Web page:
Spc. Nathan Taylors first try at a Muslim call to prayer sounded pretty solid for an American soldier with Scandinavian roots.
Allahu Akbar, sang the Joint Base Lewis-McChord soldier, repeating the Arabic phrase for God is great in a passable imitation of a neighborhood imam in Afghanistan.
His cue drew a couple dozen Stryker infantrymen similarly dressed in traditional Afghan vests and caps at a fake village near Roy. They awkwardly raised their arms to the sky and kneeled on rocky earth to pray, some laughingly uttering the durka, durka, durka sounds Taliban characters make in South Park cartoons.
Their routine lacked the elegance of an experienced imams call, but it had the right effect for a battlefield observation exercise staged for Afghanistan-bound soldiers at Lewis-McChord this month.
They put on the trappings of Afghan life in preparation for the Muslim culture that they will be immersed in this fall when they deploy to Kandahar province with the 4th Brigade, 2nd Infantry Division.
The Army calls it Advance Situational Awareness Training. Soldiers spent several days learning subtle schemes that insurgents use to fool and harm friendly forces. Trainers took the ploys directly from intelligence reports describing the enemys latest tactics.
See a scuffle at a marketplace, for example?
Dont be distracted; keep your eye on the shady characters dropping bottles near a soccer field. Theyre leaving markers in plain sight for bomb makers.
Taylor, who served in Iraq with the 82nd Airborne Division, called it some of the most valuable training hes received in the run-up to this deployment.
We spend all this money on equipment, but were not spending money on reinforcing the human mind, said Taylor, 27, an Iraq veteran heading to Afghanistan for the first time.
In the complicated, multihour scenarios, soldiers observed normal behavior like the prayer Taylor led, and looked for anomalies that might reveal something amiss. Those cues, such as body language and the movements of local leaders, can convey to Afghan civilians when Taliban fighters are moving among them.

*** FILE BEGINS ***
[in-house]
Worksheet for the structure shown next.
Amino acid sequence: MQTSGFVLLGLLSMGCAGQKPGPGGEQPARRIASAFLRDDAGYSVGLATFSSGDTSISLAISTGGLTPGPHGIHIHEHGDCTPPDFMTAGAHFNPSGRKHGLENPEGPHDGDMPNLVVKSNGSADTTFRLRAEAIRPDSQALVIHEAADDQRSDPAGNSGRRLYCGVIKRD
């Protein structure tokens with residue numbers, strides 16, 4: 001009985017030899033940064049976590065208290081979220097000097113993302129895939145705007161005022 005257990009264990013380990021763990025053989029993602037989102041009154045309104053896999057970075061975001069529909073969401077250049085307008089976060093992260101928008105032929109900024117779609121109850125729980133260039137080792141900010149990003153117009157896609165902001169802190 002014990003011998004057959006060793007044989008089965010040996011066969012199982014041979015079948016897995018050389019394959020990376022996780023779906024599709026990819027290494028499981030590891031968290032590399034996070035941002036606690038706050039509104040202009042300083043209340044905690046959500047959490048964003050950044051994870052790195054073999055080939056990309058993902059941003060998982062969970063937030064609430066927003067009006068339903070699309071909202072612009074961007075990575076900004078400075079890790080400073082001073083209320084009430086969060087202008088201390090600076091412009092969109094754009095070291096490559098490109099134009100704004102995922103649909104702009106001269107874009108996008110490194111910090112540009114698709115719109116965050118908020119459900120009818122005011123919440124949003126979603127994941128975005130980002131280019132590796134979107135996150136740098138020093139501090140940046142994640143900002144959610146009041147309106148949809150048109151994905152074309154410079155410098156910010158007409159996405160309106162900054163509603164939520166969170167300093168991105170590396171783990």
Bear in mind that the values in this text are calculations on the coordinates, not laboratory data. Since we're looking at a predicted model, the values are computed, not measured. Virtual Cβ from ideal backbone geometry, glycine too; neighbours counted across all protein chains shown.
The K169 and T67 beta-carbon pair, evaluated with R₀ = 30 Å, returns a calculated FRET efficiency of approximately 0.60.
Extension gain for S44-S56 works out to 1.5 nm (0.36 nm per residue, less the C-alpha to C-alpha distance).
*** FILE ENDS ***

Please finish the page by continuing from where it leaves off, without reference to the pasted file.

Any time theres an attack, there are indicators before it takes place, said Capt. John McAdams of the brigades headquarters company. We almost never pick up on them.
These soldiers from JBLM are on course to serve one of the last conventional combat tours in the Afghanistan War. Its a familiar job for the 4th Brigade it was the last combat brigade to leave Iraq but in an entirely new setting.
After twice deploying to Iraq in the last five years, this will be the brigades first trip to Afghanistan.
Nearly 90 percent of its 4,000 soldiers have never served there, and 44 percent will be going to war for the first time. A little more than 400 soldiers in the brigade have been to Afghanistan on prior assignments.
Theyre heading there at a complicated moment. No matter who wins the November presidential election, U.S. forces are on a course to draw down their conventional fighting elements by 2014.
Fewer than 70,000 American service members are in Afghanistan today, down from nearly 100,000 a year ago. Its not clear yet how many Western troops will be in Afghanistan next summer, when the Lewis-McChord Stryker soldiers start to come home.